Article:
General Question

WalterPollard's avatar

Does Windows run as fast on a MAC as a PC?

Asked by WalterPollard (1 points ) June 26th, 2008

I am thinking about buying a MAC and need to run some Windows software.

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22 Answers

waterskier2007's avatar

all i have heard is that a Mac runs Vista faster than a PC. and i remember that Wired magazine tested gaming laptops and the fastest/best one was a Macbook Pro running Vista

AlexChoi's avatar

here’s a good article on it

http://www.computerworld.com/action/article.do?command=viewArticleBasic&articleId=9003111

from what I remember, results are pretty good on a high end mac…

beast's avatar

The new Macs will come with Boot Camp, which can run Windows. I’m not sure how good it is. If you are not pleased, you can download Parallels.

AlexChoi's avatar

Bootcamp will always be faster than parallels, you won’t be doing any emulating

jrpowell's avatar

It depends.. You have two options.

Option number one is to use Boot Camp. This will be just like running Windows on the computer. You will have to reboot the computer when you switch back and forth between Windows and OS X. Only one OS will be running at a time. It will run Windows at full speed.

Option number two is to use virtualization. With this Windows will run in a window while OS X is still Running. It will be slower but it actually isn’t that bad. I wouldn’t want to edit video but I would certainly use it to edit a spreadsheet.

robmandu's avatar

The fastest Windows Vista notebook we’ve tested this year (through 10/25/07) is a Mac. Try that again: The fastest Windows Vista notebook we’ve tested this year—or for that matter, ever—is a Mac. Not a Dell, not a Toshiba, not even an Alienware.

The $2419 (plus the price of a copy of Windows Vista, of course) MacBook Pro’s PC WorldBench 6 Beta 2 score of 88 beats Gateway’s E-265M by a single point, but the MacBook’s score is far more impressive simply because Apple couldn’t care less whether you run Windows.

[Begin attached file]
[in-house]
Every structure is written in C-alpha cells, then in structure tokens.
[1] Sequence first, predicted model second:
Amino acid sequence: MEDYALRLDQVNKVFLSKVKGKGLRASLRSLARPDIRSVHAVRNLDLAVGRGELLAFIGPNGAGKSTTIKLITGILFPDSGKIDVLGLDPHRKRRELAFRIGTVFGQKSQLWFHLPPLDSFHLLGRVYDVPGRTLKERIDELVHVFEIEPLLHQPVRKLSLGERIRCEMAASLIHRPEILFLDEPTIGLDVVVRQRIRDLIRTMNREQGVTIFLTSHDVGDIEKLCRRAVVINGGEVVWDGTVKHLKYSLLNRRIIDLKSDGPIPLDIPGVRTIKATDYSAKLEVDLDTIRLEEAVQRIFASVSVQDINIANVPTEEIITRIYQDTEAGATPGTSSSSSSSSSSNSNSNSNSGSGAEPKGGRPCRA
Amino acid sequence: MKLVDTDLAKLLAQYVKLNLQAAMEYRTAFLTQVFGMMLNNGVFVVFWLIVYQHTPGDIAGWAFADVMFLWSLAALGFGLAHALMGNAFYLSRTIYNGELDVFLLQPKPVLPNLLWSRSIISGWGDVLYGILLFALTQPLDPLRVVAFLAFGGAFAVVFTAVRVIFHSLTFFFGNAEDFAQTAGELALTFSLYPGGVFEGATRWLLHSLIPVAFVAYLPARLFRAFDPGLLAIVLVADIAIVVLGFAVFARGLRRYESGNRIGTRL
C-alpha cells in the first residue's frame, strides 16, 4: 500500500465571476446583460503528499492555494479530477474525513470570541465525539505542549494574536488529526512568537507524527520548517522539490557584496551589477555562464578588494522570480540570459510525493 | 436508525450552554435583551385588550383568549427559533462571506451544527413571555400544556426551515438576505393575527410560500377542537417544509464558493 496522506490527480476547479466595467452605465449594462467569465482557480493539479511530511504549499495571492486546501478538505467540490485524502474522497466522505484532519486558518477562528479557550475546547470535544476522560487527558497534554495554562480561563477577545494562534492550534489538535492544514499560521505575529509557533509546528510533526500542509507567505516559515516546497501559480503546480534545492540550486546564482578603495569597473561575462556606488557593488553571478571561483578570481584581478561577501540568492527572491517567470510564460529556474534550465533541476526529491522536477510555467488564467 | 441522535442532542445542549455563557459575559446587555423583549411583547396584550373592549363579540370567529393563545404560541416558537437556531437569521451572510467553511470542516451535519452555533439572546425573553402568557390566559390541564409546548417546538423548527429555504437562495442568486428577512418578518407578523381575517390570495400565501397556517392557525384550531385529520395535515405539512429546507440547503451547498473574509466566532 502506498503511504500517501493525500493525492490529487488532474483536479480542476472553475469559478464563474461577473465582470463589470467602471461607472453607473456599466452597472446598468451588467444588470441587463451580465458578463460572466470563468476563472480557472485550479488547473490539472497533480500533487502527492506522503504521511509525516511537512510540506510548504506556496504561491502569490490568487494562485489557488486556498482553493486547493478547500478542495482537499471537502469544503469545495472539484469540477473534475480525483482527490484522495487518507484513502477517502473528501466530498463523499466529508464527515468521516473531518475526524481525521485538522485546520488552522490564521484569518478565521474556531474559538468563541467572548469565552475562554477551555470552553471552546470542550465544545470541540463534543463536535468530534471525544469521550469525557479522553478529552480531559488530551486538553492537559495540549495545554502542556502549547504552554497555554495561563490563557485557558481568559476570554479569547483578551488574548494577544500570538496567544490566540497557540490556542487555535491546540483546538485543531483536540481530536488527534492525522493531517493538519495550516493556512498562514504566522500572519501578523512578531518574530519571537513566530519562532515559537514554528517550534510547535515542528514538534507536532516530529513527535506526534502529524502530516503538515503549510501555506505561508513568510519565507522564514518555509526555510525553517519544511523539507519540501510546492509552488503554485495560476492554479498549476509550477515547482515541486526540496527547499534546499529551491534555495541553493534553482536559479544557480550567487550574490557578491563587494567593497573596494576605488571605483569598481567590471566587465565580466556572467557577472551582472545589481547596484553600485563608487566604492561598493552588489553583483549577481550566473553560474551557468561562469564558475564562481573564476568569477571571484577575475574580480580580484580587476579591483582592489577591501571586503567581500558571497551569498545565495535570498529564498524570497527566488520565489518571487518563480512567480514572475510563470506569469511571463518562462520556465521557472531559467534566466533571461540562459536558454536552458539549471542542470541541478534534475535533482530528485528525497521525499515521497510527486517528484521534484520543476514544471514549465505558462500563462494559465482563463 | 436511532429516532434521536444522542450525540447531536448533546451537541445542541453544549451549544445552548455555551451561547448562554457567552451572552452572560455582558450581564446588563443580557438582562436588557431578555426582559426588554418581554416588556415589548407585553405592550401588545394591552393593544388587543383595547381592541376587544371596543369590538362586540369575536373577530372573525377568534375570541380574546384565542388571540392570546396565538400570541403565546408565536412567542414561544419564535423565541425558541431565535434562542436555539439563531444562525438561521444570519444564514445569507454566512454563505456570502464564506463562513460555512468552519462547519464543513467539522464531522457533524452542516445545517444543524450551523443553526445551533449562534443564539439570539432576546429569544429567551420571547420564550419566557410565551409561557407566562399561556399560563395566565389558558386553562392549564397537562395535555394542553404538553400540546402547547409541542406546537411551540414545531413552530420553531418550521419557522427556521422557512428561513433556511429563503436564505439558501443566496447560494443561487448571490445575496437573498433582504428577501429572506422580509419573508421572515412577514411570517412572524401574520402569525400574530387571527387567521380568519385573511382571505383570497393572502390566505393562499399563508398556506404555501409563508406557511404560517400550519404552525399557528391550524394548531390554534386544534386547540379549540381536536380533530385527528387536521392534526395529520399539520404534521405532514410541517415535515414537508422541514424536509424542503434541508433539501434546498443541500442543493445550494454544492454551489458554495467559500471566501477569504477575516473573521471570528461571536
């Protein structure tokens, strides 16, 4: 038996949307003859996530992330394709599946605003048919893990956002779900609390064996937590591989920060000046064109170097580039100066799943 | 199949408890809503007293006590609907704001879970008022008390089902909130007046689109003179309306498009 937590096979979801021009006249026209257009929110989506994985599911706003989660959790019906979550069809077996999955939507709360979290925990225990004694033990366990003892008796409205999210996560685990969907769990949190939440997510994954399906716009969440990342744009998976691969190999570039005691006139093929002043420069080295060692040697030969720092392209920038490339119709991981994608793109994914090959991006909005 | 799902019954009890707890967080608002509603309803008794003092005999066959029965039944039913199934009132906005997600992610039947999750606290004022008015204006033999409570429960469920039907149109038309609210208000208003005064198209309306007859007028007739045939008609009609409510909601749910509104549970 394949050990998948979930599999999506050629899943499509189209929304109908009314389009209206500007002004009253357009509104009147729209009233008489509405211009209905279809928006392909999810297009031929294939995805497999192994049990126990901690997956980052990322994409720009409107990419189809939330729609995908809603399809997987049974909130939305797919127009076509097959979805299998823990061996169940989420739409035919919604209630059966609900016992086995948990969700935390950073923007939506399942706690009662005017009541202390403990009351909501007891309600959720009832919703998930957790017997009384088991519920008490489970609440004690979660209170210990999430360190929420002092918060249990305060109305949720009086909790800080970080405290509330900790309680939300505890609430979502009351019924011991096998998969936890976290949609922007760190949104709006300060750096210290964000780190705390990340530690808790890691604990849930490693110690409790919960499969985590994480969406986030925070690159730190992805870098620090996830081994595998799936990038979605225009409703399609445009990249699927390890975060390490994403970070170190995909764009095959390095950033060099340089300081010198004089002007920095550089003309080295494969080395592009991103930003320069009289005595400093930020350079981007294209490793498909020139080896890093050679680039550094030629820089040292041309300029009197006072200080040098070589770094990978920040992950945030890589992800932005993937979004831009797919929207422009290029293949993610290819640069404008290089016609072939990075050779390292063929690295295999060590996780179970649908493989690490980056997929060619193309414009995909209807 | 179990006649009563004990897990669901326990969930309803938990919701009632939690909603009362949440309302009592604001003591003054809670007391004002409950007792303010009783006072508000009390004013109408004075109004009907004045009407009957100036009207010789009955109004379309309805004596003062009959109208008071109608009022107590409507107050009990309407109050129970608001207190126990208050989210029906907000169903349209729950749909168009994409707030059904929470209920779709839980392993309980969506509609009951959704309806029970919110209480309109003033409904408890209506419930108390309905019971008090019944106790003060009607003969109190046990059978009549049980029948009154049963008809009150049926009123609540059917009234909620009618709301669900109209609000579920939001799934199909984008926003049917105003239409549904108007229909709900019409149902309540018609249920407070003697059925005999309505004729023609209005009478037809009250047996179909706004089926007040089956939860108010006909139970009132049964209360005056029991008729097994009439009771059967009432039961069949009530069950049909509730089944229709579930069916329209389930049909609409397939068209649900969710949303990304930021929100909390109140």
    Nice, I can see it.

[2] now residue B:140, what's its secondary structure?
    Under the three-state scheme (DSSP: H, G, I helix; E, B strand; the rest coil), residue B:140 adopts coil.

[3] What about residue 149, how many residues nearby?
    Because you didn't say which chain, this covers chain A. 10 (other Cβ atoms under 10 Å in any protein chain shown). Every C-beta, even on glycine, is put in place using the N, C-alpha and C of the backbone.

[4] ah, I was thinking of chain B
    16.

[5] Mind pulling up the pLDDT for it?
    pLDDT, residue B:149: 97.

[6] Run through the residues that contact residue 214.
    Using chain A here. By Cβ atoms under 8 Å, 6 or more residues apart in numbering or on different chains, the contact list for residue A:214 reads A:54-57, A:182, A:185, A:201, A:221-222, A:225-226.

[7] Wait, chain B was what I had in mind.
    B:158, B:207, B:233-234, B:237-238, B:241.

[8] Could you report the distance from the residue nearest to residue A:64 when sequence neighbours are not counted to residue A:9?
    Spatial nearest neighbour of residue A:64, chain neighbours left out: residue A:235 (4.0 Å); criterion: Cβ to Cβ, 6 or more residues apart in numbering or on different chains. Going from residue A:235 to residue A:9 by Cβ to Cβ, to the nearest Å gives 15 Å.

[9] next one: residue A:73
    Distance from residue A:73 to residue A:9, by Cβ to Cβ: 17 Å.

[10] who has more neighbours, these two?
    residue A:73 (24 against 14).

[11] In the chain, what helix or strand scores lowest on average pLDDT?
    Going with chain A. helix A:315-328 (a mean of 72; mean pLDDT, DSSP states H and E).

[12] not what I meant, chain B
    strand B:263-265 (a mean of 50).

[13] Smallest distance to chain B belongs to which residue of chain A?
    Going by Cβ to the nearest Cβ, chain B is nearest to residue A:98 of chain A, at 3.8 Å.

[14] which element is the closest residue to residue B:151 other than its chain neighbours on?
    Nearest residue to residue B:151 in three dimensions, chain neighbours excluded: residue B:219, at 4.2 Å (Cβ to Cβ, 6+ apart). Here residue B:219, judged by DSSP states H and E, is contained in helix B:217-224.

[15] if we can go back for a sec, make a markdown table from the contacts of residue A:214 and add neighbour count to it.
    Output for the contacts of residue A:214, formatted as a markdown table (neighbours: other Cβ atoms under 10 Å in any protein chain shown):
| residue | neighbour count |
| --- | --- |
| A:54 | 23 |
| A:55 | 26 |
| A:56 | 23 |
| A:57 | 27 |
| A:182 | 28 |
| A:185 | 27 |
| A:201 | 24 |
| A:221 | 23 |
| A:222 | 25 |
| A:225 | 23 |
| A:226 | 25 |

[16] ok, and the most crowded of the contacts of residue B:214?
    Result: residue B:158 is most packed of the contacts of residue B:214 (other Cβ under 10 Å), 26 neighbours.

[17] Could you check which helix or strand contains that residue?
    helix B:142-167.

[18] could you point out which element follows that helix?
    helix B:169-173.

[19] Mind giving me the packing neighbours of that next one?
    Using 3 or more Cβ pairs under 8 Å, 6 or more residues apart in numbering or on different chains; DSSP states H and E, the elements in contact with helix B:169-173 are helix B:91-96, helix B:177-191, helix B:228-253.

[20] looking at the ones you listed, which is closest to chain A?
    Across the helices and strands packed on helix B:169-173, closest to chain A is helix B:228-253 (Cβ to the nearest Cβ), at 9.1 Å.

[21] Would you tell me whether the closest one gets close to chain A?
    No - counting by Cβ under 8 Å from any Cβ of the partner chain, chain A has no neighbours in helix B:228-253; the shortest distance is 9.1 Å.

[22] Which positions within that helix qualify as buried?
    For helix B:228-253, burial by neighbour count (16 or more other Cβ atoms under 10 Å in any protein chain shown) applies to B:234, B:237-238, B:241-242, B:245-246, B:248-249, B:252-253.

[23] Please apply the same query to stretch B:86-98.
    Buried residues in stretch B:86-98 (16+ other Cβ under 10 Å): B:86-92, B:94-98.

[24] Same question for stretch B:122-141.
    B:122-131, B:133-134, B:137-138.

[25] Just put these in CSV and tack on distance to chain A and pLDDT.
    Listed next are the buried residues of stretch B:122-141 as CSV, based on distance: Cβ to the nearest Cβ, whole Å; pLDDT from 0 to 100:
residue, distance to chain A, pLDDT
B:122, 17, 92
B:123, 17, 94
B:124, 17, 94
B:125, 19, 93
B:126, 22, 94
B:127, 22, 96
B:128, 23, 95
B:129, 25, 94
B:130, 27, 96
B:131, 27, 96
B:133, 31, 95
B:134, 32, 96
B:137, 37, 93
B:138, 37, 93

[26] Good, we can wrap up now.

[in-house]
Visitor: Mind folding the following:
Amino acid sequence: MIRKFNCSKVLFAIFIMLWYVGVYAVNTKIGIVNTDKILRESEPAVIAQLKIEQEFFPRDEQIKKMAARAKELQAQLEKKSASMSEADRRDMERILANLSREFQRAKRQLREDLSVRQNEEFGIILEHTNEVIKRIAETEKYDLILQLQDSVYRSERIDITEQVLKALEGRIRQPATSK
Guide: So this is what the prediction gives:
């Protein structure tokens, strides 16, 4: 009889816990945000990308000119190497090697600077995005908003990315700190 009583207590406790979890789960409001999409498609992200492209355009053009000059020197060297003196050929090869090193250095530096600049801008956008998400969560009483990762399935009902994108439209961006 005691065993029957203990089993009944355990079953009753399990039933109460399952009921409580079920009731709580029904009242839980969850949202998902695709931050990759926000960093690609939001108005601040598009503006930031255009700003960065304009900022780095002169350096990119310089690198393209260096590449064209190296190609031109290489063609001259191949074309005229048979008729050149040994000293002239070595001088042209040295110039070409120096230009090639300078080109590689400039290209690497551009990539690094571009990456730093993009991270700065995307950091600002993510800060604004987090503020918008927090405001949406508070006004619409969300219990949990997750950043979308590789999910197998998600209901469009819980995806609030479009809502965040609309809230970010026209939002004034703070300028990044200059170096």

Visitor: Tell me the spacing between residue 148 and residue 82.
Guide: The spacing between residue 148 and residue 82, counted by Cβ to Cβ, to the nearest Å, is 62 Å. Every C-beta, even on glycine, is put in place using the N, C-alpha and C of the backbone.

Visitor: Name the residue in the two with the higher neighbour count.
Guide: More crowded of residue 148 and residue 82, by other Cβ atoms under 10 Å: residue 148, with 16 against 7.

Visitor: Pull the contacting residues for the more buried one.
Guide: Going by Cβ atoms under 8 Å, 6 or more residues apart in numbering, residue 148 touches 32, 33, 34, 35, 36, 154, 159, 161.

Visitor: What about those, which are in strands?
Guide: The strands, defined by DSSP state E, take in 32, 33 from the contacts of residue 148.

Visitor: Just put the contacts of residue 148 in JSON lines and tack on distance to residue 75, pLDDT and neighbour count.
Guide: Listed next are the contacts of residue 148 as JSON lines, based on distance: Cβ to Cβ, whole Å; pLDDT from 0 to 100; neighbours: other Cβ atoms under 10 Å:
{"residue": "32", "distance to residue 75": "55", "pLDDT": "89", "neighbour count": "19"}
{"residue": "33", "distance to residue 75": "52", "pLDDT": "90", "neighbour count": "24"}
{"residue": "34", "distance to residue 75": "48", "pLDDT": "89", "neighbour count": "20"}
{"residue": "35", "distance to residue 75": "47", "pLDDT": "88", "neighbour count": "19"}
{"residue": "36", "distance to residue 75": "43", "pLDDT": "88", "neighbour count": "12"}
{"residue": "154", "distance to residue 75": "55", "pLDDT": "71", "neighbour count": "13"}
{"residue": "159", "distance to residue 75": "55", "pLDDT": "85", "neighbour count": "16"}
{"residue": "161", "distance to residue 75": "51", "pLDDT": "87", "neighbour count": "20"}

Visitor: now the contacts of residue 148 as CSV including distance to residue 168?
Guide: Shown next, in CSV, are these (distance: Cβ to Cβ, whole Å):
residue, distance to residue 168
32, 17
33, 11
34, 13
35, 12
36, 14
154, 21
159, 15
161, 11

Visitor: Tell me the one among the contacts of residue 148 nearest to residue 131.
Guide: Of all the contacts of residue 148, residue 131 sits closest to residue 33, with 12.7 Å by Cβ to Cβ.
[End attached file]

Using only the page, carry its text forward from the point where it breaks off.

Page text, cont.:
And that was with Boot Camp. Parallels and Fusion are emulators, and while spiffy in their own right, cannot be as fast as running native, which Boot Camp does.

waterskier2007's avatar

@robmandu, dont be so sure that apple doesnt care whether or not you run windows. because if you run osx they can make money from you buying iLife, .Mac, Final Cut, Aperture… whereas they cant if you run windows

eambos's avatar

What rob means is that apple does not cater to the Mac users who run windows on their machine.

robmandu's avatar

And above the em-dash, all of that text is a quote from the linked article.

=)

Response moderated
dingus108's avatar

Well, my friend runs Mac OS X on his Acer, so that’s pretty nifty… But I think that windows does seem to run a bit faster on a Mac via boot camp.

waterskier2007's avatar

my overall comment, is that if you can run BOTH on a mac, why not go with that. at least you get options, and its not like you sacrifice speeds when running vista on the mac, most of the time you gain speed

thetmle's avatar

My MacBook is two years old (2 ghz core duo, 2 gigs ram). Under Boot Camp my first gen MacBook boots Vista Ultimate in 30 to 45 seconds. Not too shabby for an “old” computer IMO :)

waterskier2007's avatar

@thetmle, not bad at all i would say. faster than my roommates boots it, and his is a dell

chaosrob's avatar

Parallels isn’t an emulator, it’s a hardware abstraction layer. Performance is slightly worse than just running Boot Camp, but not enough to matter. In any case, the Mac is currently the fastest PC for Vista.

bluemukaki's avatar

@waterskier2007: Apple doesn’t mind users using Windows on a Mac because they know that once someone uses Mac OS X they won’t want to run Windows!

makemo's avatar

Sub-question:

Any rumors of Bootcamp being able to run without rebooting? Would it be possible in theory?

eambos's avatar

Answer to one: No.

Answer to two: No, but you can use parallels or VMware to virtualize windows within OSX without rebooting.

maccmann's avatar

The way I have always done it (I run both actually) VMWare is faster, but built more for business applications. Parallels is better for entertainment/gaming.

Bootcamp makes you reboot to get into Windows. That can be a PITA, but it also lets you use all of the Macs resources instead of sharing them with OS X. I setup a guy to run Bootcamp so he could run Windows exclusively on his Macbook Pro because he’s “afraid of changing over to OS X because [he has] used Windows for so long.”

Hey, whatever. He’s using a Mac! He’ll get the point eventually and migrate to the best OS on Earth eventually, I’m sure.

Truefire's avatar

What is it with the caps “MAC”?? What does it stand for? It’s just ‘Mac.”

Piddlesad's avatar

Majik Apple Computer

Response moderated (Unhelpful)

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